One of the things I’m most grateful for is that I never had to work a “real job” after graduating from ASU in 1987. If you’ve read my story “Do You Have the Term Paper Blues?” you know about 10 years of one of my accidental career paths, but the bulk of my career (almost 28 years!) was spent working on photo and video shoots for advertising projects.
My career in advertising production began completely by accident as well when I was introduced to Marc by my friend Robert or my neighbor Rick (I think—You guys can let me know how Marc and I actually met.) Marc and I were casual friends for a while, and at some point Marc gave my number to another Mark who called me a few weeks later (July 1991) asking me if I wanted to be a production assistant (PA—a fancy word for “go-fer”) on a beer commercial that was shooting the following day. I had never been on a set before, so Mark was authorized to offer me the princely sum of $75/day for an unlimited number of hours working in 115-degree heat! Me being me, I thought “what the hell—I’ll give it a try,” and the assholes with attitude from a Miami production company worked my ass from 4am-10pm for the next two days! I did ask Mark though what the hell anyone would be doing out in the middle of the desert in the dark, and he told me that I would soon find out.
In hindsight I did manage to do something smart after I got Mark’s call for the job though. I called my friend Marc who had about a year or two into the film production biz by this point, thanked him for the referral, and told him a little bit about the gig at 4am the following morning. I shall be forever grateful for the two pieces of advice Marc gave me before my first PA gig. The first thing he said was to let anyone’s snotty attitude roll off you “like water off a duck’s back.” And the second piece of sage advice Marc gave me was to look around closely on set and see where I wanted to end up in terms of my ultimate job goal. He told me being a PA was strictly entry level and I needed to figure out what I really wanted to do as quickly as possible to have any long-term success in the film biz. He briefly described the various departments to me, and I was off to the races on a few hours sleep (imagine that—Hahahaha!) Life-changing advice to be sure. Thank you from the bottom of my heart, Marc!!!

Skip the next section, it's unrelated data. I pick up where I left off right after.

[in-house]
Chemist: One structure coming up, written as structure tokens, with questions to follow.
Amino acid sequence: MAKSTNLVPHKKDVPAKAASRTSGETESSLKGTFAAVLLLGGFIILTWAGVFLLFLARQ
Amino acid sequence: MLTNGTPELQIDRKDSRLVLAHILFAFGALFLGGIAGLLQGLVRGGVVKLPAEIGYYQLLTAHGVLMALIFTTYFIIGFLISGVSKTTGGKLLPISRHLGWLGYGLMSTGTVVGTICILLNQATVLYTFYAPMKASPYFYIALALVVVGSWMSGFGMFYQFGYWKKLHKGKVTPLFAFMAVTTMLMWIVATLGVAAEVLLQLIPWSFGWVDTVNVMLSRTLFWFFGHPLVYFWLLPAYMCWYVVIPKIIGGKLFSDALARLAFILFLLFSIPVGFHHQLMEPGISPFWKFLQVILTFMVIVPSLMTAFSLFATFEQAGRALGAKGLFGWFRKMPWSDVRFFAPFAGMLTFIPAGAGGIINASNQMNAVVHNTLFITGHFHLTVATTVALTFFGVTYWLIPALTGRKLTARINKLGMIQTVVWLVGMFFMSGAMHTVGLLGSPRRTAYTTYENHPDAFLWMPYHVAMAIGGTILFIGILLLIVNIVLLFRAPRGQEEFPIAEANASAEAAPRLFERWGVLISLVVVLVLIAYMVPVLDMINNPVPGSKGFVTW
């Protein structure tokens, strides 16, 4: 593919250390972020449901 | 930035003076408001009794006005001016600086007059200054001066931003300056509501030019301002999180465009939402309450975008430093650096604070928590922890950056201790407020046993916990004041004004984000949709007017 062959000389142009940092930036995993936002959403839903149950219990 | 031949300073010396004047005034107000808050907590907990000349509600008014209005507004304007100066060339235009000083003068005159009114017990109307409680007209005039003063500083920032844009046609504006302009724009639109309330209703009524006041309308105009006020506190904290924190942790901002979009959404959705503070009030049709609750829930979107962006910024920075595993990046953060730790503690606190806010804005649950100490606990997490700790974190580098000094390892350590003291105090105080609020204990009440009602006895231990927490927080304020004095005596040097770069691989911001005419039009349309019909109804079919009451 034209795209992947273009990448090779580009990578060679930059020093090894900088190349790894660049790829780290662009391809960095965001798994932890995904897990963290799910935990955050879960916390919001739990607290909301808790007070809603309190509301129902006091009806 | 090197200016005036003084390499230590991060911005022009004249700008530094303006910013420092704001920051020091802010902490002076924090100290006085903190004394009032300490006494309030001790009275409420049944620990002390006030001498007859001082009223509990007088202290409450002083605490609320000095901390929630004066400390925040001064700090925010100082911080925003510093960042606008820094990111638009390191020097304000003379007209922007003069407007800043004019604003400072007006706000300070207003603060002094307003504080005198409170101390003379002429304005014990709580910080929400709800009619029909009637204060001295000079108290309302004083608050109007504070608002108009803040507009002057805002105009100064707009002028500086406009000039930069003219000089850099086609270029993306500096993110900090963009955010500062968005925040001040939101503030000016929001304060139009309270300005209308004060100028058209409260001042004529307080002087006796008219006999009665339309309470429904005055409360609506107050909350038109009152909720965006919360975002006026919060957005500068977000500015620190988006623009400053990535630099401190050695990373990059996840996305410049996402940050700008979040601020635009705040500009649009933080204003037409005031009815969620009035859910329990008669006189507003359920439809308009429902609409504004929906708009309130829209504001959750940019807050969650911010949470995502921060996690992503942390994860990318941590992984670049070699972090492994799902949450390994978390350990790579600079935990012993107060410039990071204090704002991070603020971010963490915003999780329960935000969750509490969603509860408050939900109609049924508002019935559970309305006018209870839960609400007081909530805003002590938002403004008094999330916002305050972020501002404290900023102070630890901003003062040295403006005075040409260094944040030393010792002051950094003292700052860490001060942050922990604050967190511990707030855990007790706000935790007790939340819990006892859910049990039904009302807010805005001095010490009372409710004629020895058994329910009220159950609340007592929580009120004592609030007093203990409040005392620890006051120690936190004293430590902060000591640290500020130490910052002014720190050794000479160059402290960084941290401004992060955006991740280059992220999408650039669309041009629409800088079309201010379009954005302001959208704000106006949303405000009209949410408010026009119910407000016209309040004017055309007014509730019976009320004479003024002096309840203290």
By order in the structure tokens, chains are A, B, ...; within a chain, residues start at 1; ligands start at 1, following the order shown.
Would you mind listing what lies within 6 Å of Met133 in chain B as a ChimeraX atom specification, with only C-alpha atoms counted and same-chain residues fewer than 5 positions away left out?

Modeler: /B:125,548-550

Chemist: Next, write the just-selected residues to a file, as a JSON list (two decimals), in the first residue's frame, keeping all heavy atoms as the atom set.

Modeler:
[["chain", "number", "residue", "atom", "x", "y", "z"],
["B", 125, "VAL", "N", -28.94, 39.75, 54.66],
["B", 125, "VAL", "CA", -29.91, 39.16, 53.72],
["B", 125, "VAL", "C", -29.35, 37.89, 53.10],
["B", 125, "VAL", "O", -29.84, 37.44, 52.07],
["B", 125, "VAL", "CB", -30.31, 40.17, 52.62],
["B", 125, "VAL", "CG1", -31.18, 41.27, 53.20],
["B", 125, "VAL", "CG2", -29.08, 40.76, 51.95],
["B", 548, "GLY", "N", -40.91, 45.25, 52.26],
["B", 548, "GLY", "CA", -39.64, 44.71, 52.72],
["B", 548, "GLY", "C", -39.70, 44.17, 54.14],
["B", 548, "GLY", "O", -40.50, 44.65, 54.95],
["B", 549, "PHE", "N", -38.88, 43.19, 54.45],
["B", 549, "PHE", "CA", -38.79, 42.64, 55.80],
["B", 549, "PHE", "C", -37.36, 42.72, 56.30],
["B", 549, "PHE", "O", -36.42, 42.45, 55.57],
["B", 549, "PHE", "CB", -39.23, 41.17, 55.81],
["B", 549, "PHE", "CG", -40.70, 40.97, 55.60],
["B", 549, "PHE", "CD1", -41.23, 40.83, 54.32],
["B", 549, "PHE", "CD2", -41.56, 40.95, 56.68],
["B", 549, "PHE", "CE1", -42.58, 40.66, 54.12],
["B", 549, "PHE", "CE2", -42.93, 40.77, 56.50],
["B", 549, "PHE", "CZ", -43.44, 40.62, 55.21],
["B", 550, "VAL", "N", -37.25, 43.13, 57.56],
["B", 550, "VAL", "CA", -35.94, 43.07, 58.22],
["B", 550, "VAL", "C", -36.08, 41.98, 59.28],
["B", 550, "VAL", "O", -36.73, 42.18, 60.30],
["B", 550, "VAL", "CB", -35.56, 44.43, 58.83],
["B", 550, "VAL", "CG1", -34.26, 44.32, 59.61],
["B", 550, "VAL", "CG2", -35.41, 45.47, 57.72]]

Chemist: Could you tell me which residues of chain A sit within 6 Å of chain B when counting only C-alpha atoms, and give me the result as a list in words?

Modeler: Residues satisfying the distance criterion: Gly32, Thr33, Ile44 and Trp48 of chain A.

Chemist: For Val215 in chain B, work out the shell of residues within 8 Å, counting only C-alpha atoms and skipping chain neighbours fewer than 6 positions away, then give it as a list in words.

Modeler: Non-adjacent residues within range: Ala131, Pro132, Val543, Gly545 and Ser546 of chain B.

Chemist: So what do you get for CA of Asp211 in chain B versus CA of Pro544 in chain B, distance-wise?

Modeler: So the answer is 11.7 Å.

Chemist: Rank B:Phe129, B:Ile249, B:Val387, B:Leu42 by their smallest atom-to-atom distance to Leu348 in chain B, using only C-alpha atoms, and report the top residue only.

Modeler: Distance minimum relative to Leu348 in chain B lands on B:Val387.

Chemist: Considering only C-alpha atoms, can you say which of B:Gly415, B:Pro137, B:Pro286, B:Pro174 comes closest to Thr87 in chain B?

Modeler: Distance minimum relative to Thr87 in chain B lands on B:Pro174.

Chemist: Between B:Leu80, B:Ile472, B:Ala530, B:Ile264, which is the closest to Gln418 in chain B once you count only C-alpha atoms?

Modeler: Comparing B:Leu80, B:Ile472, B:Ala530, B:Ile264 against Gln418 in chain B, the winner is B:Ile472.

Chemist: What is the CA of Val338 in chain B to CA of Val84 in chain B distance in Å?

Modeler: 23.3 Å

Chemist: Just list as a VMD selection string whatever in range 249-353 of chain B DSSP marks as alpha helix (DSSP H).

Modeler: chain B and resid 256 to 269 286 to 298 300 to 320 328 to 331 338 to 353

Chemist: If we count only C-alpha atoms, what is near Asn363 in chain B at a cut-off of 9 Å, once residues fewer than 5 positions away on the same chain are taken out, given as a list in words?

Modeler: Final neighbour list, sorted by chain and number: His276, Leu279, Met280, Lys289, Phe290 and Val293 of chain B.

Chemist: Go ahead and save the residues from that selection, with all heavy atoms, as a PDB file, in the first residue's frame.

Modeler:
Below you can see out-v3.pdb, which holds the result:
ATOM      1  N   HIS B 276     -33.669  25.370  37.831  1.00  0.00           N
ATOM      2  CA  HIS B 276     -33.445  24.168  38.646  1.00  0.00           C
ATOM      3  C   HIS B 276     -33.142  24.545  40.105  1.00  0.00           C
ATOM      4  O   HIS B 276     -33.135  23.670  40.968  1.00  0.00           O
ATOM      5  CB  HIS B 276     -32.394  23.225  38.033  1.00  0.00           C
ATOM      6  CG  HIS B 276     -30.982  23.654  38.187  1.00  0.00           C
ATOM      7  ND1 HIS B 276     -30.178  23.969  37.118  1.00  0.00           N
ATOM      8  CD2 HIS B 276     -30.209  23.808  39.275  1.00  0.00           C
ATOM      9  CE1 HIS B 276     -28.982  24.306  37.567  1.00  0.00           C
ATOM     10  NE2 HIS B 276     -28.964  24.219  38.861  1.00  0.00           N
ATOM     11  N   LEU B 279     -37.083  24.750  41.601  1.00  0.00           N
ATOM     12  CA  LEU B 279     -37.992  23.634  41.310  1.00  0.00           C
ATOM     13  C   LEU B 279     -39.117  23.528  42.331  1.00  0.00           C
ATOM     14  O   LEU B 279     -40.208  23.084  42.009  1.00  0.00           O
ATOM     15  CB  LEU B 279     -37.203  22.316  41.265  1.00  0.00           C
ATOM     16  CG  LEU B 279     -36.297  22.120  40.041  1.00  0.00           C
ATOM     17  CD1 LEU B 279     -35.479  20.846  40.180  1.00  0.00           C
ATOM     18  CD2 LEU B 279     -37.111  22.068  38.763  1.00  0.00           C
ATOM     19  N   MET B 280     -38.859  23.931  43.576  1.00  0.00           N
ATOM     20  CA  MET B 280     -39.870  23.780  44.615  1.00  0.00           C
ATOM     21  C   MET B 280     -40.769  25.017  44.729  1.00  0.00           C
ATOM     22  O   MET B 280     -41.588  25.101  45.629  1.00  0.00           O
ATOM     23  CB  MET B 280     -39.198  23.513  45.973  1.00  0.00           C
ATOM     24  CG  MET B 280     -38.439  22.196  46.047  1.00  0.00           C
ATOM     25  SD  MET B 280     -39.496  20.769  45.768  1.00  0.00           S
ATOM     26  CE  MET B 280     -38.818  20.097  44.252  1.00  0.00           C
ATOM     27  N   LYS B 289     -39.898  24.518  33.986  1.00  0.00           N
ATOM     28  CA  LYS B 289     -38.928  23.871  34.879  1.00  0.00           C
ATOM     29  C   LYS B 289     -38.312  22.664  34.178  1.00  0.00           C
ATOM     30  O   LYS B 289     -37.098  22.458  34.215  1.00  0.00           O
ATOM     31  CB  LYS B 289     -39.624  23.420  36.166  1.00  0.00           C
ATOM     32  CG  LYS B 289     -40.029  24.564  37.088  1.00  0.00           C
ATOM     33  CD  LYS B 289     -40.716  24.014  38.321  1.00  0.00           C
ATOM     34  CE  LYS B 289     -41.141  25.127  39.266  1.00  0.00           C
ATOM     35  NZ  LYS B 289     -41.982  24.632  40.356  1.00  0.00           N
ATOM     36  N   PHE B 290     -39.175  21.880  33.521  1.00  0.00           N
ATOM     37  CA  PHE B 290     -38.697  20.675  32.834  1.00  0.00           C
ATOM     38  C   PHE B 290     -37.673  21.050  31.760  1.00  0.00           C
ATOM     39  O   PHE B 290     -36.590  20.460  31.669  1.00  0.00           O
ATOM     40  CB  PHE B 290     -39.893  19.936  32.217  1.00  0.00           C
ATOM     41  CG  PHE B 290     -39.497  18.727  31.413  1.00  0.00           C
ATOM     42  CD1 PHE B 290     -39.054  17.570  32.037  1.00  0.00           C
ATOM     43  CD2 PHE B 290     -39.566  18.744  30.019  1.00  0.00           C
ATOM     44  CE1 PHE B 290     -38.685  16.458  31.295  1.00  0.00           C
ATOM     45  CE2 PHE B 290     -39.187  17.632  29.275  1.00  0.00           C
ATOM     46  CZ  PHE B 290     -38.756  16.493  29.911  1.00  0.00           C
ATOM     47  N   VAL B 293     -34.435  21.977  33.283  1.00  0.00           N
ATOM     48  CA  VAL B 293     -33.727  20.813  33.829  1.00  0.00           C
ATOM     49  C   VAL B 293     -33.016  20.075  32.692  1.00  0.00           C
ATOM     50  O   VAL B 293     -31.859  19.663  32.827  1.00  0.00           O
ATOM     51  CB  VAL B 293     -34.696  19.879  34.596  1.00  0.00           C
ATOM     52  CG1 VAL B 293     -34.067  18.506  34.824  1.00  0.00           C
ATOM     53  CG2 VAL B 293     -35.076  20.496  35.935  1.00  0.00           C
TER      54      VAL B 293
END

When I showed up at 4am at the corner of Hayden and Dynamite roads in Scottsdale (vacant desert then—now upscale homes worth seven figures!), a few other PAs and a location manager were wandering around in the dark with flashlights telling people where to park, etc. Someone grunted that I was “the new guy,” told me where to park and to get out and follow him, be quiet, and do what I was told. I followed Marc’s first piece of advice and did exactly that! I was still wondering what the hell was going to happen out here at zero-dark-thirty am, and as the sun rose all my questions were answered. By 6am the dark, lonely desert was full of cars, trucks, motorhomes, horses, piles of equipment, and about 100 people or so. I soon found out that we were shooting a Stender beer commercial, and the client was from Holland I think.